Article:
1500 meters (1.5K) -- .93 mile
3000 meters (3K) -- 1.86 miles
5 kilometers -- 3.11 miles
8 kilometers -- 4.97 miles
10 kilometers -- 6.21 miles
12 kilometers -- 7.46 miles
15 kilometers -- 9.32 miles
20 kilometers -- 12.43 miles
half-marathon (21.1K) -- 13.11 miles
25 kilometers -- 15.54 miles
30 kilometers -- 18.64 miles
marathon (42.2K) -- 26.22 miles

4. BIG DAYS. Most runs need to be easy. This is true whether you're a beginning racer or an elite athlete. (Of course, the definition of "easy" varies hugely for these groups; easy for the elite would be impossible for the beginner.) Training for the distance and pace of races and actually running these events is a prescription item, taken in proper, well-spaced doses. New racers are wise to limit themselves to one big day a week. On this day, run longer than normal (as long as the longest race distance but at a slower pace) or faster than normal on this day (as fast as the fastest race pace but for a shorter distance), or go to the starting line in a race (combining full distance at full pace). Experienced racers can put a long run AND a fast run into the same week, but don't want to squeeze both of these PLUS a race into one week.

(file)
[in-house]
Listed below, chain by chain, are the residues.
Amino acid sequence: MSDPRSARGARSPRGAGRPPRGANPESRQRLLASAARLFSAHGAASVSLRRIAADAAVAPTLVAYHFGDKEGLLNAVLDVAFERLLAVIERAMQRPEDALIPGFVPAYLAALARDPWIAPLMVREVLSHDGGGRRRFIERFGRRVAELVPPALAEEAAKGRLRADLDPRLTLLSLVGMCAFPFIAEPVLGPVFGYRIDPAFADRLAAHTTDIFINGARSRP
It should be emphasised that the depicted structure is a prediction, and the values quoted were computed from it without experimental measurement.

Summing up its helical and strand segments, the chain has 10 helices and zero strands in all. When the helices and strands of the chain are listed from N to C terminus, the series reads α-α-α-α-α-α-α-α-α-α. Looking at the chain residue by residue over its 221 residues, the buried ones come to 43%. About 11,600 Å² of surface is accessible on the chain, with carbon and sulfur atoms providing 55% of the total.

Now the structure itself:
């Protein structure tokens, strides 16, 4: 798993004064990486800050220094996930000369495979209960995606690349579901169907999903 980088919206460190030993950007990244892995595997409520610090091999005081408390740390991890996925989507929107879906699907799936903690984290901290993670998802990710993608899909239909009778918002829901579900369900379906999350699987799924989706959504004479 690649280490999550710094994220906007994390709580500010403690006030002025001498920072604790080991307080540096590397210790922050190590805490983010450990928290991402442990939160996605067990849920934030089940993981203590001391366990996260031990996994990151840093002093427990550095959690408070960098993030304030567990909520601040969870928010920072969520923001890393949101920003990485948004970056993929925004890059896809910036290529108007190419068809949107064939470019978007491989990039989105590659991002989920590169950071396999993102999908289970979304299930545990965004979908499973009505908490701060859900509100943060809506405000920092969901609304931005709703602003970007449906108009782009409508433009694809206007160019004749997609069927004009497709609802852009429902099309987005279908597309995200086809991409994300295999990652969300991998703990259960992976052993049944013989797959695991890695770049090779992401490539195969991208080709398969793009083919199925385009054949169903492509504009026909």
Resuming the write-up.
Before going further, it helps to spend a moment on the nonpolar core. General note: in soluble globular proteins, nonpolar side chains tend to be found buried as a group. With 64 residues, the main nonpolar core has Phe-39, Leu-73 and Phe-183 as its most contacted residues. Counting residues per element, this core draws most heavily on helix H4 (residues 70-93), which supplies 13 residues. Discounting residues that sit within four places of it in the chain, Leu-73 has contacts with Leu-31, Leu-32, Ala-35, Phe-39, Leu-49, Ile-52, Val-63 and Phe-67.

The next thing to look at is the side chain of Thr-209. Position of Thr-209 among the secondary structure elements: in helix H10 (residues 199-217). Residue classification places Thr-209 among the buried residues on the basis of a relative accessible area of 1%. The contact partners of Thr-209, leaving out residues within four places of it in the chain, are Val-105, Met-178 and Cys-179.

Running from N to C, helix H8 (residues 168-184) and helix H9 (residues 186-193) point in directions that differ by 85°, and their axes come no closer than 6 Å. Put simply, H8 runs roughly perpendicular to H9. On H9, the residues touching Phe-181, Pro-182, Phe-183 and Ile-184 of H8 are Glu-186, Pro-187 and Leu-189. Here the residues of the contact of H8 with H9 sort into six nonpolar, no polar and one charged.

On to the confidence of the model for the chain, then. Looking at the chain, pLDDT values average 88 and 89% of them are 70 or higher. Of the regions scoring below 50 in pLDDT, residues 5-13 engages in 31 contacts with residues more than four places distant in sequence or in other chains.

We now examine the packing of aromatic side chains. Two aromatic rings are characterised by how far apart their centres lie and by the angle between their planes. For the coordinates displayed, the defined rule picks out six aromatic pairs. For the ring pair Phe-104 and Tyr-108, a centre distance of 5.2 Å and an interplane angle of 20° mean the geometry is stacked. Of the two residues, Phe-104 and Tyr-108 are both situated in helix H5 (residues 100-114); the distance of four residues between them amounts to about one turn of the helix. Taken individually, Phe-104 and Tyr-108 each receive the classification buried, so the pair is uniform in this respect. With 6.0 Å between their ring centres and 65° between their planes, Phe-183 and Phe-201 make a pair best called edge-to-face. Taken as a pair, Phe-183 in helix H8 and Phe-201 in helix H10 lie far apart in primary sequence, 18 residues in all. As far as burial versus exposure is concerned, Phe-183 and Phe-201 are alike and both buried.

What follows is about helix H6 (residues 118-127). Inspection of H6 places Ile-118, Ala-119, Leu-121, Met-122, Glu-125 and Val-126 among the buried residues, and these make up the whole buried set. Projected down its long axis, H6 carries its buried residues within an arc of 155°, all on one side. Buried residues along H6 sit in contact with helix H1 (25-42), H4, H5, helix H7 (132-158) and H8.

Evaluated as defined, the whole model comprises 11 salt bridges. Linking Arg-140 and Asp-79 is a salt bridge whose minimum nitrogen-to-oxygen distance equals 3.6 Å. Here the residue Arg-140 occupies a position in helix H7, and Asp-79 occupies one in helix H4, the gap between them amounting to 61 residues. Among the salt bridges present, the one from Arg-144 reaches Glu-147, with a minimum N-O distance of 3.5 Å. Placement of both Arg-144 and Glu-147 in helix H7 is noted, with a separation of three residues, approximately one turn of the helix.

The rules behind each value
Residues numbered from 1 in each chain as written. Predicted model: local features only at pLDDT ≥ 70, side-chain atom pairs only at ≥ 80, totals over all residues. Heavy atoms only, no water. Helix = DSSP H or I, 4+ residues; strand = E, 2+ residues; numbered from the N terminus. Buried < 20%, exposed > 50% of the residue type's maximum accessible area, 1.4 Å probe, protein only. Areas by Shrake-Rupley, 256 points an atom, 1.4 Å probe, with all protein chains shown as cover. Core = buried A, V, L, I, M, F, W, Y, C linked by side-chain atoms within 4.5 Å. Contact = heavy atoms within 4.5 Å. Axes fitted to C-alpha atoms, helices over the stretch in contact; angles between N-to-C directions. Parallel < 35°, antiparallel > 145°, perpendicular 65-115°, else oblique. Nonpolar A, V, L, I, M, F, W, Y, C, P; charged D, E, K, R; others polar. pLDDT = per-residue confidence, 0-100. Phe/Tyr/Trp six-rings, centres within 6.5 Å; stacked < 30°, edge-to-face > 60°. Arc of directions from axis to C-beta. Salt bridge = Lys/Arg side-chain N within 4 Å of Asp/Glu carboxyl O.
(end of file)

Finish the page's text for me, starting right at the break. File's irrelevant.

5. GOING LONGER. Distance, unlike speed, is almost limitless. No matter what your level of talent, no matter how many years you have run, no matter how old your personal records are, the possibility of covering longer distances still exists. This helps explain the appeal of the marathon. First-year runners can take pride at finishing one in twice the time the leaders take to finish, and longtime runners can feel good about going the distance an hour slower than their PR. Not all runners can go faster, but just about anyone can run longer. It isn't a matter of talent, but only of pacing, patience and persistence. However, you can't take big leaps in distance all at once. The safe limit for progress is about 10 percent per week -- for instance, no more than one mile added to the recent 10-mile run.

6. GOING FASTER. A little bit of speed training goes a long way. In fact, a little bit is all you should do because, in excess, speed kills. Most runners can tolerate fast training that totals only about 10 percent of weekly mileage. This can come two major ways and one minor one. The first big way is as intervals -- a training session of short, fast runs with recovery breaks between. The other main way to train for speed is the tempo run -- at race pace or faster for a shorter distance. The smaller way to gain and maintain speed is with "strides" -- ending the warmup by striding out for a hundred yards or so, one to five times, at the top speed that you would ever race. Strides also have value at the finish of a relaxed run, as a reminder to push at the end of a race.